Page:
Menahga School interest fair sparks creativity
By Nick Longworth
Walking around the Menahga School gym on Wednesday, March 5 you could find exhibits on display about the Battle of the Bulge, how to train a horse or even Lebron James.
That’s because the entire fifth grade class had become experts on the topics they chose to present at the 20th annual interest fair.
“The interest fair is an opportunity for our fifth graders to think about a topic that they’re really interested in learning more about. They spend time researching that topic and then they create a paper, creating a rough draft and going through the writing process,” said Ariana Wright, Menahga Elementary School Principal.
“Then they create and design a display board to share facts about the interesting subjects that they have chosen; they present it in this forum for our community and the entire student body. Everybody can come and ask questions,” Wright said.
Originated as a science fair in 1995, the program has evolved into one with a broader concept. Rather than covering science alone, in 2008 the event became an interest fair. It is now a project that pulls together multiple areas of learning, with community involvement as well.
“It’s a great partnership between home and school. For instance, you’ll see one student whose dad works at a construction company so her focus is on construction. It’s really student driven too; they set their goals on how they want to present this information. There are some parameters and guidelines set by the teachers, but the students can really go above and beyond with what they create. We have videos going on; some kids have done iPad presentations to go along with their topic and topics range from Harry Potter, to the Detroit Red Wings, to the solar system; anything that kids are interested in,” Wright said.
“What started as a science fair evolved into a project that combines the English Language Arts writing component, as well as, the research of the different topic areas. Some research a science area, others a social studies or history area. There is also the presentation aspect; it all kind of meshes together,” Wright said.
Seventh-nine students in total were in the gym presenting, with all three different fifth grade classrooms being represented.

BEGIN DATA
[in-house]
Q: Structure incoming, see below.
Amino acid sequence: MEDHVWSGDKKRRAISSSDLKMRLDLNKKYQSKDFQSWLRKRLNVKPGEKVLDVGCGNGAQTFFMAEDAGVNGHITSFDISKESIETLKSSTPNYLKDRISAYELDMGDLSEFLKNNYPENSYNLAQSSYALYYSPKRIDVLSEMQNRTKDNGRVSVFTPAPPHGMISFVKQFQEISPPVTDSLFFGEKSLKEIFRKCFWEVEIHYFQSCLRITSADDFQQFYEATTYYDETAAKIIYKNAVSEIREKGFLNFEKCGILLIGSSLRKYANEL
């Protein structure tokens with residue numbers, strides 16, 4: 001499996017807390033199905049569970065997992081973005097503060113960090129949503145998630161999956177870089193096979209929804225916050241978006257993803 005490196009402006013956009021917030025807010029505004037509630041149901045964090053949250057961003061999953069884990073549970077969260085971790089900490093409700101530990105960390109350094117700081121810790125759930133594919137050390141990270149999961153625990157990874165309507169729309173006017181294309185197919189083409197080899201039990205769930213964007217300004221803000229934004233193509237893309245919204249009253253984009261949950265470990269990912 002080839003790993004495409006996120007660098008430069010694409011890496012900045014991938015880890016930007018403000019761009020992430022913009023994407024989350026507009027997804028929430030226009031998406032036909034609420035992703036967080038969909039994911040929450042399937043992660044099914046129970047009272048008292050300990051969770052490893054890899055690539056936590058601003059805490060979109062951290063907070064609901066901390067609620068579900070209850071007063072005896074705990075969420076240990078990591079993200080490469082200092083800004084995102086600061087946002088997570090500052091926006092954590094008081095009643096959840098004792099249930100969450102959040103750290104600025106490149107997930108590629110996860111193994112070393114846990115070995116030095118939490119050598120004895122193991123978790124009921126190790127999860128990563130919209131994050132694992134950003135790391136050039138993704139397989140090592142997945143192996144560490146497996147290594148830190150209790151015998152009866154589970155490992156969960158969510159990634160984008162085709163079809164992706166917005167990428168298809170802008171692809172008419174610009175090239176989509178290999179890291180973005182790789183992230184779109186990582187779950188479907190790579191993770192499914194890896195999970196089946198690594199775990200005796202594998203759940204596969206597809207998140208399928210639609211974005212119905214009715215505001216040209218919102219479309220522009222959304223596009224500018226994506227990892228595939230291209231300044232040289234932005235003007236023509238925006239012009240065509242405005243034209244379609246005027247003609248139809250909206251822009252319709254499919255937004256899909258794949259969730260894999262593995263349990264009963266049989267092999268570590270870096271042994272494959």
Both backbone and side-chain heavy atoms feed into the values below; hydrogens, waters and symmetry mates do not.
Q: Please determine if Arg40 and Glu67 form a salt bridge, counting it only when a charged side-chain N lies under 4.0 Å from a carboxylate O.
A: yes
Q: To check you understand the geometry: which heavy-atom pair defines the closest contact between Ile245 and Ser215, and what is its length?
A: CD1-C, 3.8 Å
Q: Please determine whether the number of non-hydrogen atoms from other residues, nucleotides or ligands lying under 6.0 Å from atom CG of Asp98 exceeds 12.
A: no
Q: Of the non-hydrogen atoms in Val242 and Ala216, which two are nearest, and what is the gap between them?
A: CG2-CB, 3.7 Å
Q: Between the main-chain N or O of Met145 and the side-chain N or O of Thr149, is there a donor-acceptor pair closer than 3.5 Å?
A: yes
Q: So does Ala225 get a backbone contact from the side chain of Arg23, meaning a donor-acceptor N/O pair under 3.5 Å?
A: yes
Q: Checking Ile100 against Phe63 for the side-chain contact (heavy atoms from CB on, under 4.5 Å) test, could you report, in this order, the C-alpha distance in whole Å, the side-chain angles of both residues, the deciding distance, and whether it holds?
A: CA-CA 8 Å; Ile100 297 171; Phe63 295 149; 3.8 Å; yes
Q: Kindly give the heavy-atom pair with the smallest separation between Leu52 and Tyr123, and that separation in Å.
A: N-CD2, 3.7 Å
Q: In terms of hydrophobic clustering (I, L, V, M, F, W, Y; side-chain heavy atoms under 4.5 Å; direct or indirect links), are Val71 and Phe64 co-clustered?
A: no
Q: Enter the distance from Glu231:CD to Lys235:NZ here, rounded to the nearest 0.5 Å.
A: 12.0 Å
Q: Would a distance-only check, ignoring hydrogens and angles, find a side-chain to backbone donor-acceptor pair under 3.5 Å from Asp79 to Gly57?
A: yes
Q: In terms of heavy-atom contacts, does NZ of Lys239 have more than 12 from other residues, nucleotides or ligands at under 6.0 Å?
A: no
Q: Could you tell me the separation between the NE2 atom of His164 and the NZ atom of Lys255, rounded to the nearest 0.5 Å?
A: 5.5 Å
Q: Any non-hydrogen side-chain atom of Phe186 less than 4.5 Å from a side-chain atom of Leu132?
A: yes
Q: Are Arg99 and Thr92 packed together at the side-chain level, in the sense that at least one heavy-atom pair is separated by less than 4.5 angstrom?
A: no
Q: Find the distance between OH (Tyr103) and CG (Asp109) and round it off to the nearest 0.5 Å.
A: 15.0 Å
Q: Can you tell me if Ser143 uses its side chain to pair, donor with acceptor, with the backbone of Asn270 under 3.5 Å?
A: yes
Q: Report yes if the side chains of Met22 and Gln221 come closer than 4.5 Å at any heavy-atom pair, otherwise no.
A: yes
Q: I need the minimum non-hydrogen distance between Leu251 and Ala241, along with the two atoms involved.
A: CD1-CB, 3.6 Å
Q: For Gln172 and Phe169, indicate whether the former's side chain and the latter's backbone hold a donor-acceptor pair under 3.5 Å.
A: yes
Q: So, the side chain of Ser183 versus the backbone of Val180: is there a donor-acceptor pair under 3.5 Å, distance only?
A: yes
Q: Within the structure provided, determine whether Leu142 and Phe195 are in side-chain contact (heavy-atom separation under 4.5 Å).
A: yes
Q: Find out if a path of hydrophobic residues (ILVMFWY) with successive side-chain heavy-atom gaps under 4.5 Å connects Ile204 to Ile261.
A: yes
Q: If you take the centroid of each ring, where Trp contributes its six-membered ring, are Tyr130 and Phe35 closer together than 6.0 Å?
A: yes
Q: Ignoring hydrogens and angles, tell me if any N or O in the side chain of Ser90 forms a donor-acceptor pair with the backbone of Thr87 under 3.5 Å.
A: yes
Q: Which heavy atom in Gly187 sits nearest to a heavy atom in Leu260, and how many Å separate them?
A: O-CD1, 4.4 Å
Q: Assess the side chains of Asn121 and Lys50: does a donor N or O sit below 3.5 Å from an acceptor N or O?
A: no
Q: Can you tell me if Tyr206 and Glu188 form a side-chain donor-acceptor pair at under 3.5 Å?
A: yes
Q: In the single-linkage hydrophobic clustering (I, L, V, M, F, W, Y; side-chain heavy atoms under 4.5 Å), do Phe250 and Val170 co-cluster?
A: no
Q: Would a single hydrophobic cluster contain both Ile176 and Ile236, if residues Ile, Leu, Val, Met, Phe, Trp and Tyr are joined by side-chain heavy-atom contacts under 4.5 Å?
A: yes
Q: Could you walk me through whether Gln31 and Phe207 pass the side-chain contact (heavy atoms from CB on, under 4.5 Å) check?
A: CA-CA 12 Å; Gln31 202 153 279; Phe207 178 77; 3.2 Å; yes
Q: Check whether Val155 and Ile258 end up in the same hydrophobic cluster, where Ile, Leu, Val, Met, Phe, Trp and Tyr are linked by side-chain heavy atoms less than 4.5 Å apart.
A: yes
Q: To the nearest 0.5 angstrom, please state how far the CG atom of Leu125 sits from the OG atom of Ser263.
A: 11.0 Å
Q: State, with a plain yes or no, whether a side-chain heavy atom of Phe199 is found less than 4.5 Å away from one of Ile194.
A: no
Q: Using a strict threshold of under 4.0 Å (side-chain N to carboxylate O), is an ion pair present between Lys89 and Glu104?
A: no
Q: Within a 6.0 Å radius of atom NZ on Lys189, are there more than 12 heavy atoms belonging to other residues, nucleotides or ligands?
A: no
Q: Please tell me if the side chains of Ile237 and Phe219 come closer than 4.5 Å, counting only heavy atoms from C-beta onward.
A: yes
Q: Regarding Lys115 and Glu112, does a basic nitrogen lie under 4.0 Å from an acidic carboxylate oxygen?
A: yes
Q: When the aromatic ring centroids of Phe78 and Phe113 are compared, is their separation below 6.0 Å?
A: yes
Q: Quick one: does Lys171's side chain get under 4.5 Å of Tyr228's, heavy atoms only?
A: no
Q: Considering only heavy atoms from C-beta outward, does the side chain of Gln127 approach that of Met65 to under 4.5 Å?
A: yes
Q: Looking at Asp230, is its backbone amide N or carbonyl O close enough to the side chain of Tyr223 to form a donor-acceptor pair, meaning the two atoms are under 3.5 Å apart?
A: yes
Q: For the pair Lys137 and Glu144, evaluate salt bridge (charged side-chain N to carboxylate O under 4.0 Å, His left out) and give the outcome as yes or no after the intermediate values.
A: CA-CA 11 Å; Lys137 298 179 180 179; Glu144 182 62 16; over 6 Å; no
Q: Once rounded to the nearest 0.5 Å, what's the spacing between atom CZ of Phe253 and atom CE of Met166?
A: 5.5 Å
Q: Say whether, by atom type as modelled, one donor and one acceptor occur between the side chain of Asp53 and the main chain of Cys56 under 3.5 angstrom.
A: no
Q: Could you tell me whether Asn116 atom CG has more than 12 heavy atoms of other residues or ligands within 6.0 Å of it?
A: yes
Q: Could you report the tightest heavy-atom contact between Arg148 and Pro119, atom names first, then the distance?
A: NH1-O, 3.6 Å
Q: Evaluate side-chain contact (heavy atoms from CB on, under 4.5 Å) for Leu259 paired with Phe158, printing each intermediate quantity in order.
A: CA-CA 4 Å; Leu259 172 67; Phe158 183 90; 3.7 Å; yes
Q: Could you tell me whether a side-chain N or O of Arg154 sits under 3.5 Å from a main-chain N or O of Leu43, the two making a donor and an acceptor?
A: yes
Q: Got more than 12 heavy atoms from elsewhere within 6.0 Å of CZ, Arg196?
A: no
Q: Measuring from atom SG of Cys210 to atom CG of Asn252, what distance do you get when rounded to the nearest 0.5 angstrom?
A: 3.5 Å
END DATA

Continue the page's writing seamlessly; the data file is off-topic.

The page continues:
The event’s projects were graded largely by three judges – Michelle Koch, Kerry White and Trisha Matheny – whose scoring was based on criteria including coverage of the topic, use of graphics, layout and design, sources, mechanics and presentation.
Fifth grade teacher Lonnie Nelson has been working the event since its beginning, seeing many changes throughout the years. Now as an interest fair, he says the main objective isn’t far off from what it has always been.
“The goal is to produce a project that represents their abilities, interests and quality as a student that they can demonstrate for others. They’re required to be very knowledgeable on their subjects, and judges will walk around and ask them questions, which is a big part of their grade. Feb. 2 was the first day we started working on the project, so they have had around a month to work on them,” Nelson said. “The topics were wide open for the students to choose, although we could not have live animals present in the gym and we tried to stay away from random individuals or bands.”
Although evolution is apparent, both Nelson and Wright see the benefit in the event and project remaining timeless.
“We want to give (students) an opportunity where they are creating and designing their own project; bringing that through to an end to then present to others is something that’s very ‘real world’ applicable. The time management component is a really good learning curve for them. It’s not just a homework assignment that is due tomorrow. It takes planning to prepare for what is next so that you’re ready on that ending day. I think combining all those skills at a high level is something that our kids will need to be able to do,” Wright said.
“One area of learning we really want to focus on is student engagement. We want to make sure that students are connected to what they’re learning. We know students go deeper and learn more when they are engaged. By giving them that freedom to choose a topic that they’re interested in it provides that engagement piece. It’s really a great way for the kids to learn and also connect to the real world,” Wright said.
“I think it’s an excellent chance for the kid’s to demonstrate their writing and organizational skills. It’s also good for verbal skills because they will be asked questions from judges that they will have to answer,” Nelson said. “They started from scratch and did something they are proud of. They created something that literally hundreds of people are commenting on today. It would be nice if they go home tonight, look in the mirror and think they did very well.”